Add to that an unarmed public that won’t be taking to the streets with guns and creating worse problems from an already bad situation, and perhaps you can begin to understand my thinking. In addition, Cubans tend to work together in crisis and they have decades of experience enduring difficult situations, so they approach crisis and challenge with a much different attitude than Americans as a whole.

However, there are other real factors to consider that are concerns: food shortages and total economic devastation are bound to have massive impacts on the psyche and the day to day life there. One of my friends told me on WhatsApp that some people are already in Special Period conditions eating bread and drinking sugar water to keep their energy up when little else is available, or they can not afford to buy more food if they have used up their rations.

Social distancing is nearly impossible in Cuba and the extreme lack of resources is bound to slow down recovery. Extended families often share a household due to the housing shortage. This makes physical distancing difficult, and the island’s poor infrastructure is very problematic due to infrastructure issues that include lack of running water and poor sanitation in many homes and communities. The tourist places are not the norm in Cuba, and in most of Cuba these issues are much more widespread than in tourist places like Trinidad or Vinales.

Originally, Cuba’s reaction to the coronavirus threat was swift and well prepared. In January 2020, the government started a prevention/control initiative that included training medical staff, preparing medical and quarantine facilities, and informing the public (including tourism workers) about symptoms and precautions. As you may remember from my earlier blogs here, the first three reported cases were confirmed on March 11 in Trinidad. The government was ready and things were in place to be able to rapidly trace and isolate contacts, and quarantine all suspected contacts of anyone with Covid. Cuba quickly was able to activate medical students for nationwide door-to-door surveys to identify vulnerable people and check for symptoms, and roll out a testing program. I saw this firsthand, and it made me realize why the Cuban people have so much faith and trust in their government around issues of health, even if they do not have as much around other issues. When it comes to health, Cuba does not mess around. Historically, Cuba has a decent reputation for managing health crisis within the country and people there trust in that much more than you might think.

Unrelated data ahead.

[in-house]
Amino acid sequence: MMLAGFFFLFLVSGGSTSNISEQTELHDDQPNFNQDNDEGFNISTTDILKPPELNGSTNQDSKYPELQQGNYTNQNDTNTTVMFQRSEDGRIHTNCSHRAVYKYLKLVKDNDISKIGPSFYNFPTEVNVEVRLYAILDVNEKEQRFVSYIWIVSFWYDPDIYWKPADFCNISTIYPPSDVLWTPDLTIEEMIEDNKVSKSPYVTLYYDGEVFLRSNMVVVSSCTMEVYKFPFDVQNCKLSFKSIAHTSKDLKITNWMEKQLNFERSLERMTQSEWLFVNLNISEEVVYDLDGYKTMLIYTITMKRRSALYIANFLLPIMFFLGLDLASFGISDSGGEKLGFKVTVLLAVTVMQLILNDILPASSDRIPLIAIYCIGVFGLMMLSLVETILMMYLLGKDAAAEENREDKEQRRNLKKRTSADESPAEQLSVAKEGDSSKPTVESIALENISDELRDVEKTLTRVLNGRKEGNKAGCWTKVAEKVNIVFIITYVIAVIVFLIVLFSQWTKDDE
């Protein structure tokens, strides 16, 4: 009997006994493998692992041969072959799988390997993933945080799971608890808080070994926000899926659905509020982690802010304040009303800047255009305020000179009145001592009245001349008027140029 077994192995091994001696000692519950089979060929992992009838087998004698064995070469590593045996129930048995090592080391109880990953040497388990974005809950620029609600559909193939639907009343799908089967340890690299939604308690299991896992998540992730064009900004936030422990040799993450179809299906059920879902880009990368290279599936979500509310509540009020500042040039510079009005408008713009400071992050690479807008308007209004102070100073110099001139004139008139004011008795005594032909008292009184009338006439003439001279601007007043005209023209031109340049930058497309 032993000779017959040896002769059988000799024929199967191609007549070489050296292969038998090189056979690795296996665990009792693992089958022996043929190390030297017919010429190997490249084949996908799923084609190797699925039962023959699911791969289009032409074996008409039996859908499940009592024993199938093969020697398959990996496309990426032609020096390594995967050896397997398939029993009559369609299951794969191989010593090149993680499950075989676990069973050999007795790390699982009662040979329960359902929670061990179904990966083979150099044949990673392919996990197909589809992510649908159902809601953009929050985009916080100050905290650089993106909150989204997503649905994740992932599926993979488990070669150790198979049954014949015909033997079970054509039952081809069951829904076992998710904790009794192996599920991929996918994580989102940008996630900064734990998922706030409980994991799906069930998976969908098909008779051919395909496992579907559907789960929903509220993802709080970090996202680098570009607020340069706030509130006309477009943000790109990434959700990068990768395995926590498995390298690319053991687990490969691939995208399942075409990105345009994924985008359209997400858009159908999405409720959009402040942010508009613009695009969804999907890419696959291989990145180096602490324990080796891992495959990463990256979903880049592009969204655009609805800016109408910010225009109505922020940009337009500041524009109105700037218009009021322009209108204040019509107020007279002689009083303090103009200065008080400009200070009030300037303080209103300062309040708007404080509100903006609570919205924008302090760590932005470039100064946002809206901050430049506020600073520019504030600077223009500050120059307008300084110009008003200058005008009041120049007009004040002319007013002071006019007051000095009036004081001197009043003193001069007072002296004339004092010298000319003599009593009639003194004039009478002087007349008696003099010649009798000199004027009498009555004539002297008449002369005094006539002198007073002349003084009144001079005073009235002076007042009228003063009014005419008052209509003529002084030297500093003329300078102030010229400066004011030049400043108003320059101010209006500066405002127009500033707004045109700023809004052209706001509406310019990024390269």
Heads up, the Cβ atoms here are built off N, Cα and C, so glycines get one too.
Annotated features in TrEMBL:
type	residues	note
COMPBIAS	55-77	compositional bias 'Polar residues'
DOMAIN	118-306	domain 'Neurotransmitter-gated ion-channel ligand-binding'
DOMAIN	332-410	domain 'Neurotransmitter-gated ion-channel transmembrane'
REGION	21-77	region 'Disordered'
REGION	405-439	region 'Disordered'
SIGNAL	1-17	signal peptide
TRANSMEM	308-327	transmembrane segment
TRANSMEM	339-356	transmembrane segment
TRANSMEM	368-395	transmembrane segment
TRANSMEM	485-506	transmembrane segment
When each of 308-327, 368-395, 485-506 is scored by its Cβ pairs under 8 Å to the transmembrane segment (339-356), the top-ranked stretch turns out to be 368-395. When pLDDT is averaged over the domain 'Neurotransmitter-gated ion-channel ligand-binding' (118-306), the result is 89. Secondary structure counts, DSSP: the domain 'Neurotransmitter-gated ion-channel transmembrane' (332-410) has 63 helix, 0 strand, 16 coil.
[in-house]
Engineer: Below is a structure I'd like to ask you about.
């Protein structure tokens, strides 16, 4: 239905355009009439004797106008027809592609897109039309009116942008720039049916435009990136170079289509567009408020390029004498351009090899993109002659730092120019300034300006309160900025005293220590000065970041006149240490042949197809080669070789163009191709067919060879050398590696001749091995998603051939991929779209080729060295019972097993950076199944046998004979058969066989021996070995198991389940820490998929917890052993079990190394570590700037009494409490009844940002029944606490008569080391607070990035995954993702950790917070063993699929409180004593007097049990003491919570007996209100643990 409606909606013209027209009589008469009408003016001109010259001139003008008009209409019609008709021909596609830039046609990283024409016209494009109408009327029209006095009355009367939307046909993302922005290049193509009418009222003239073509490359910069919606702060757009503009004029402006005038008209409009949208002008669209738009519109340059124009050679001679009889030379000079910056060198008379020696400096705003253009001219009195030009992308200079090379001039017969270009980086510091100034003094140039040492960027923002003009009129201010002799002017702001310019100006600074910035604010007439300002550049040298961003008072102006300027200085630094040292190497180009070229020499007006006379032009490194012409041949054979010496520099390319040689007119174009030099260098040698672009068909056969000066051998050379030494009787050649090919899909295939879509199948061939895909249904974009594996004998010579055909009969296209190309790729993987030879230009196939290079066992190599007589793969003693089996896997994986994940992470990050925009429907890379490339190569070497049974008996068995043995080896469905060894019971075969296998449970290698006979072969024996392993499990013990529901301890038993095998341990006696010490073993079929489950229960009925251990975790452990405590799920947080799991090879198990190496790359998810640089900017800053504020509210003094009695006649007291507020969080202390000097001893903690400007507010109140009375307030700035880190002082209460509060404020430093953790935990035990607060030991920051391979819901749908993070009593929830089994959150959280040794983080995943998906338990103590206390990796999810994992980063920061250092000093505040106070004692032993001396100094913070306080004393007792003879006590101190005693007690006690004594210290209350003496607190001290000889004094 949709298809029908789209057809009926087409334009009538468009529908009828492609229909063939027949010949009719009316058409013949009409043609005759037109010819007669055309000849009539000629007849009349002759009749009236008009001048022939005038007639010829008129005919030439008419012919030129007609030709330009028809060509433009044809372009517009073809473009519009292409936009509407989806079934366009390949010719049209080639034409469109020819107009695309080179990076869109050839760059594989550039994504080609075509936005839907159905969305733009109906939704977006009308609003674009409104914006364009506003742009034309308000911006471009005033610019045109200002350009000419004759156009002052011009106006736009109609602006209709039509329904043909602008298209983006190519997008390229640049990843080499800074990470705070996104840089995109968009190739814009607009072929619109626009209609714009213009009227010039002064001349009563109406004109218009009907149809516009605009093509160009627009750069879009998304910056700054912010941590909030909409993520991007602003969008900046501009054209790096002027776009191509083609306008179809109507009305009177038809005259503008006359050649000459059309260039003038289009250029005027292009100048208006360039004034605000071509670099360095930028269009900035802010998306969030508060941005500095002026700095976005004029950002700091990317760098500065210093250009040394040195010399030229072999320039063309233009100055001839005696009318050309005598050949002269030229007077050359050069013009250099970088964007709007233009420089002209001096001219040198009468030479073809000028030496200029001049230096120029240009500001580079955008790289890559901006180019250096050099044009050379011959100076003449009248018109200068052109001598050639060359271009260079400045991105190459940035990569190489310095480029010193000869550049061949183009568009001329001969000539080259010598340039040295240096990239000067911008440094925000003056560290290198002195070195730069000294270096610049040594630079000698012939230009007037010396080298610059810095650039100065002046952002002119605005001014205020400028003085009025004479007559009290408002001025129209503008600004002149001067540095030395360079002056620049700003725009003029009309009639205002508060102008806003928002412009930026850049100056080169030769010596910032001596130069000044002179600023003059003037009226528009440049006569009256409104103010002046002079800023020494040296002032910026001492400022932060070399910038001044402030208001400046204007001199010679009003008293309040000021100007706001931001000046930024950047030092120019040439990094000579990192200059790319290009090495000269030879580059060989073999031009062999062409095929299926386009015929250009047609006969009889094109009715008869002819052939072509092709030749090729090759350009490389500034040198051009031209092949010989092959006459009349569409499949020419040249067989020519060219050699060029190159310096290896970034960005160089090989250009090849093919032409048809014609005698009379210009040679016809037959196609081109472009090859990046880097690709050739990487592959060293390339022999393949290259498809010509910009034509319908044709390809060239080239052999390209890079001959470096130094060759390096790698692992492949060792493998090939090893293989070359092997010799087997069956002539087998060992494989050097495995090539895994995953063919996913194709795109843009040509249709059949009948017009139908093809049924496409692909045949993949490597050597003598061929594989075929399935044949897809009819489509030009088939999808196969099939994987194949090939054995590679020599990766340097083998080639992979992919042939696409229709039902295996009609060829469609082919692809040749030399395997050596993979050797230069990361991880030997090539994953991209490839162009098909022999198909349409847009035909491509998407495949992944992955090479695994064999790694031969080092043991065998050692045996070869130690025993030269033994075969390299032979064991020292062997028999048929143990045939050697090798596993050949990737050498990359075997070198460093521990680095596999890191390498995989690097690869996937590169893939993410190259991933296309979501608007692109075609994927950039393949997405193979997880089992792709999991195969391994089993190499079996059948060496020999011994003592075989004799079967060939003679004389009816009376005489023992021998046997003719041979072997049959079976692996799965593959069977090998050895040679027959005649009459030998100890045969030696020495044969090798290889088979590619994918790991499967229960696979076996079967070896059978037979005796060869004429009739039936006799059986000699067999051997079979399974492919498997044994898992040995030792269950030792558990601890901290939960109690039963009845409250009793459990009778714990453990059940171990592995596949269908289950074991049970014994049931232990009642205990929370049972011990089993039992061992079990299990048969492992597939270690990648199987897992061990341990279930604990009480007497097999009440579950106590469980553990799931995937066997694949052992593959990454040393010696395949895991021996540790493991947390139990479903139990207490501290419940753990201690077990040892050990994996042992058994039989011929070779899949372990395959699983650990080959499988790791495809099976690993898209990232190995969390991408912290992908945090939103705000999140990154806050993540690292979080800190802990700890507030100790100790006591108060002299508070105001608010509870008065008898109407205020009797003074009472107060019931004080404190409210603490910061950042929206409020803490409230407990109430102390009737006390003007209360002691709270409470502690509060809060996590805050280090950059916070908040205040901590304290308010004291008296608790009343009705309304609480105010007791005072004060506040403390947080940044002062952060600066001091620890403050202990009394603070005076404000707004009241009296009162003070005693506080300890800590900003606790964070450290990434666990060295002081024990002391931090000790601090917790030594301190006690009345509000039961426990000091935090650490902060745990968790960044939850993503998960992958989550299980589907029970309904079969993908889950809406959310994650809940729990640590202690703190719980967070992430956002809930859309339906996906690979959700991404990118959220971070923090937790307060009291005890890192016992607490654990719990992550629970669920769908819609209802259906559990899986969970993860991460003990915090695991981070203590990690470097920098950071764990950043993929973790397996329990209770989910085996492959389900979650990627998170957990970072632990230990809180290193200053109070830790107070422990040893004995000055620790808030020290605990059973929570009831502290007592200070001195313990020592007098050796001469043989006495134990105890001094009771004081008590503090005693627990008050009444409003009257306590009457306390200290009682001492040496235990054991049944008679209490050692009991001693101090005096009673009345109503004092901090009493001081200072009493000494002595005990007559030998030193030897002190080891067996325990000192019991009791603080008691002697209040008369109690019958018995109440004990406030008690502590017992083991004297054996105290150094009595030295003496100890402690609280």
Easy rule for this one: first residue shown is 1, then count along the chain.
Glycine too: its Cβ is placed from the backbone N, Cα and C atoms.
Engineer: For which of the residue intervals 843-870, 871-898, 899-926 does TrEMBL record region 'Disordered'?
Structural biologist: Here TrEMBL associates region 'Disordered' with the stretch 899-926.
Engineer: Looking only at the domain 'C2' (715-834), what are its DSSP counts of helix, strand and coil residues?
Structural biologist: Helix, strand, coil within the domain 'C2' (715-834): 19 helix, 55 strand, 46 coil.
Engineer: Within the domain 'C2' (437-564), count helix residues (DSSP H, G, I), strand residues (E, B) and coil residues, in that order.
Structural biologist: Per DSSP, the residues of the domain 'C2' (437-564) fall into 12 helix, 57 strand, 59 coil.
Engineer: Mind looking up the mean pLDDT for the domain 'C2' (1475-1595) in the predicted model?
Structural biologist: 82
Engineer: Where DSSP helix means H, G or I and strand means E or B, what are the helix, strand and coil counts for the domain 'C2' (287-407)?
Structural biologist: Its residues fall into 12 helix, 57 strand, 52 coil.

By March 20, with 21 confirmed cases reported, a ban on tourist arrivals was laid down, along with lockdown for vulnerable people, provision for home working, reassignment of workers to priority tasks, employment protection and social assistance. All tourists were asked to leave Cuba and that’s when I came back to the good old USA, on the last Southwest flight to Ft Lauderdale on March 22.

Within a month or so, most public transport was shut down, which has greatly affected food supplies as well as other materials. People were required to be inside except for going out for necessities. I was told that in Trinidad the streets were sprayed with bleech and sanitation was taken to a new level never seen before to clean the city as much as possible. And while there have been very few cases in Trinidad since the shutdown, of course, my concern is that the minute tourists start to come again, coronavirus will be right behind and the cycle could start again.

I hope not. Time, as always, is the master,

For Travel info and upcoming Trips: Book your Travel to  Cuba here.   

Learn more about Cuba Travel: Can Americans travel to Cuba?YES YOU CAN VISIT CUBA: 2020 Travel Update for Cuba Travel  How to Travel to Cuba and click here to get your free guide on 10 Tips Every Traveler to Cuba should know.